Tonight, Nickelodeon will premiere a new take on the Teenage Mutant Ninja Turtles unlike anything you’ve seen before. This new series, Rise of the Teenage Mutant Ninja Turtles, is kinetic, hyper-colorful, and downright hilarious even while amping up the martial arts action fans have come to know and love from the franchise. Make no mistake though, this version of the Heroes in a Half-Shell are more light-hearted and fun-focused than ever before, which isn’t a bad thing; even the original comics themselves were a satire of other grim-dark comics stories of their time. So if you’re open to a new take on an iconic property, I think you’ll have a blast with Rise.
But it’s not just the Turtles who are new and improved this time around; Master Splinter also gets an interesting makeover. Be prepared for a very different take on the Turtles teacher and father figure, voiced exceptionally (and hilariously) well by voice-acting veteran Eric Bauza. I had a chance to chat with Bauza (over virtual pizza) about his new TMNT character, what has impressed him about the series so far, and taking direction from living legend Rob Paulsen. Be sure to read to the end to find out what other iconic characters Bauza voices!
Before we got into the conversation about Rise of the TMNT, Bauza—in his Splinter voice, of course—revealed that the iconic character’s go-to pizza order is “California roll and chocolate Rocky Road ice cream, on the same slice. He’s very time conscientious, so if you could jam in the meal—the entrée and the dessert all in one—that’s the kind of Master Splinter we’re dealing with here.”
What was your first introduction to ‘TMNT’?
Eric Bauza: The very first character I ever played on any version of the show was a bad guy by the name of Tiger Claw. He was an original character in the 2012 run of the Ninja Turtles. I don’t think he was supposed to be on for more than an episode, and they just kind of kept him on as one of Shredder’s go-to henchmen. He was pretty popular with the fans.
Fast-forward to 2018 and the next wave of the Ninja Turtles and I get to play a good guy for a change. My first exposure to this version of Splinter was an image, from Andy Suriano–one of the executive producers and showrunners of this show–showed me, and I was just taken by this new, rather pudgy, kind of cute gerbil-looking kind of rat. I was up for the challenge of creating something new.
What did you like about Splinter from the way he was written and what did you add to the character?
Bauza: He’s definitely back to a smaller rat. The last version we saw a very tall, stoic, kind of statuesque kind of Splinter, but now he’s back down to size. The Turtles are definitely bigger than their dad. In this version, he’s kind of more whimsical, more of a “drunken master” type approach to this character, as opposed to stern and serious. Before he was very stoic and every now and then he’d drop a joke or “make a funny”; this time around, he’s all laughs. When he’s more serious is when he catches you off guard.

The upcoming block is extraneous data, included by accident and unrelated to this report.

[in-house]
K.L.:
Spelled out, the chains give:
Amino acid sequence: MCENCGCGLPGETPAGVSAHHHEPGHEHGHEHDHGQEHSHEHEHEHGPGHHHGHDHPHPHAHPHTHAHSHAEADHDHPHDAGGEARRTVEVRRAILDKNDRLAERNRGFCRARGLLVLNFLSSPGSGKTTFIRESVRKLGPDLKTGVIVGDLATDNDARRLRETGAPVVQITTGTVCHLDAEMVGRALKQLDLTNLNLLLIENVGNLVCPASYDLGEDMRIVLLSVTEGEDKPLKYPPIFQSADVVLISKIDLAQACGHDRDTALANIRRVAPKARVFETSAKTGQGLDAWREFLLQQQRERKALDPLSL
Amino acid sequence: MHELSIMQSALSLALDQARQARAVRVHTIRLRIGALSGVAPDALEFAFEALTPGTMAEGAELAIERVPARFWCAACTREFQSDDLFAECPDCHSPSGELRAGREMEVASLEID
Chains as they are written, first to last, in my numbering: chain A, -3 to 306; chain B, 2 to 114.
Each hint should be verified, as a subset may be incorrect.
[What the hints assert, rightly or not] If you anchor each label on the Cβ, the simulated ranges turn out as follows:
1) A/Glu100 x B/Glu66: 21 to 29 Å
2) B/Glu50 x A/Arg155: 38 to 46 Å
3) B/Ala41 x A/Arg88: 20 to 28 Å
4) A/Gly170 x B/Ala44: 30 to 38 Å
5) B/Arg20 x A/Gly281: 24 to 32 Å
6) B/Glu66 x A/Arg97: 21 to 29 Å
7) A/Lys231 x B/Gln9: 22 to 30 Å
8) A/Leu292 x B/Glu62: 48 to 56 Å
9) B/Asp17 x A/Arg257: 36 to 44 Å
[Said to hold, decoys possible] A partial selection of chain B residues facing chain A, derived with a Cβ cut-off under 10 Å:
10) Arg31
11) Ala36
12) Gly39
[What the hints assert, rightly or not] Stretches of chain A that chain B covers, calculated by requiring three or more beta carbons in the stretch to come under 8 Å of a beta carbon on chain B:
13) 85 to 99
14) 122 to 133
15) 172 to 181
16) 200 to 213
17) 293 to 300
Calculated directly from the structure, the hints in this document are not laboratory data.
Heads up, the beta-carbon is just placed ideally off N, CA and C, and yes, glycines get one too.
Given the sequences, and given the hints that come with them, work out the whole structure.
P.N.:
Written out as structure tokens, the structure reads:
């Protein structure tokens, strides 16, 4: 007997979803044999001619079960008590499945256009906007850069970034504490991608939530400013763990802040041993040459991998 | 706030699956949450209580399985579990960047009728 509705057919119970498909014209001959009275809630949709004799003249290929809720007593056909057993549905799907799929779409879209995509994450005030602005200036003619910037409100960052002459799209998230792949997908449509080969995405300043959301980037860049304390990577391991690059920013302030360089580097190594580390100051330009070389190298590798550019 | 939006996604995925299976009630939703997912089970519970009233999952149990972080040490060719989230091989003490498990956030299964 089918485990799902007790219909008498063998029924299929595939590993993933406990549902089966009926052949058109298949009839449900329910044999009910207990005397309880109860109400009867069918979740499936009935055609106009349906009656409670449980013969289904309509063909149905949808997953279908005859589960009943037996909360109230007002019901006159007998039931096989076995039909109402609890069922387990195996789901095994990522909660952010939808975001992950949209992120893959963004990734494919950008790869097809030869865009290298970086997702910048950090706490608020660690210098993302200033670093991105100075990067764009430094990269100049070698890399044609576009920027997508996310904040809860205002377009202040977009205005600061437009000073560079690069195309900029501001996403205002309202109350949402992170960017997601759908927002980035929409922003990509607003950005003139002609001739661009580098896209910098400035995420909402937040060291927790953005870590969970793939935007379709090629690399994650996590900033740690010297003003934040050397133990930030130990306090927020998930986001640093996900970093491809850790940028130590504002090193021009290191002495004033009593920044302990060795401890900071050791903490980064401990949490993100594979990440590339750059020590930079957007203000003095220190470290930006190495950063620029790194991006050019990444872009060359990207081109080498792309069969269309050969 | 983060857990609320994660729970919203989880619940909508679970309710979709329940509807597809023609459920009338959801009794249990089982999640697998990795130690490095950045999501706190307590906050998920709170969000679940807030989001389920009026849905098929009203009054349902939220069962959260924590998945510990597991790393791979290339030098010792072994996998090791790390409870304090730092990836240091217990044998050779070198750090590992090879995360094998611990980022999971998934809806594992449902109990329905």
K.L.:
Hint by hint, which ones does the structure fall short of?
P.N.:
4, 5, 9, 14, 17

Were you a fan of the original comics or the 80s cartoon at all?
Bauza: Yeah, my brother actually was into the comics, so I wuld have those lying around the house in the late 80s and early 90s. And, of course, the animated show, who didn’t love that theme song? Having grown up with it at such an early age and getting to see it as an adult, and to be a part of it is just a dream come true for me.
What can you tease about Splinter’s part in the story as the series continues?
Bauza: I feel like he’s definitely trying to protect them every step of the way, even if it doesn’t seem like he’s 100% there. Also, as much as we’re looking at the Turtles, we’re also looking back t the characters who surround them, like Splinter, his past. I don’t want to spoil anything so you’ll just have to see how he ends up.
Were there any references you pulled from for Splinter?
Bauza: I would say he’s a mixture of Mr. Miyagi and Danny DeVito. ::laughs:: And if that rat were to exist, he went to college with Yoda. He’s like that weird, aloof teacher who teaches you the clues, and then later on you discover what he was trying to get across. I believe that’s what we’re trying to get across with this Splinter. I think fans of the sci-fi genre and action-comedy will grow to appreciate this guy.
What stood out to you as being different with this series during production?
Bauza: All throughout I was just so taken by the look of the show. I knew that Ant Ward and Andy Suriano had something good cooking. Ant has been a part of the TMNT series since 2012, and Andy is also a comic book artist, and we all know TMNT originated as a comic book first. It’s kind of looking like a comic book that moves. I used to do character layout art for animation, so I really appreciate strong, solid poses in cartoons, and this delivers on all pistons.
Do you have a favorite Turtle from the show?
Bauza: (In Splinter’s voice) Whoever brings me food first is my favorite.
How about a favorite villain?
Bauza: From the past, Rocksteady and Bebop were always fun in the original run of the series. Villains of the present, Baron Draxum is definitely someone you do not want to mess with. He’s also … for someone who is so villainous but still has a comedic side; there are some pretty funny moments that he gets to have as a bad guy in the very first episode.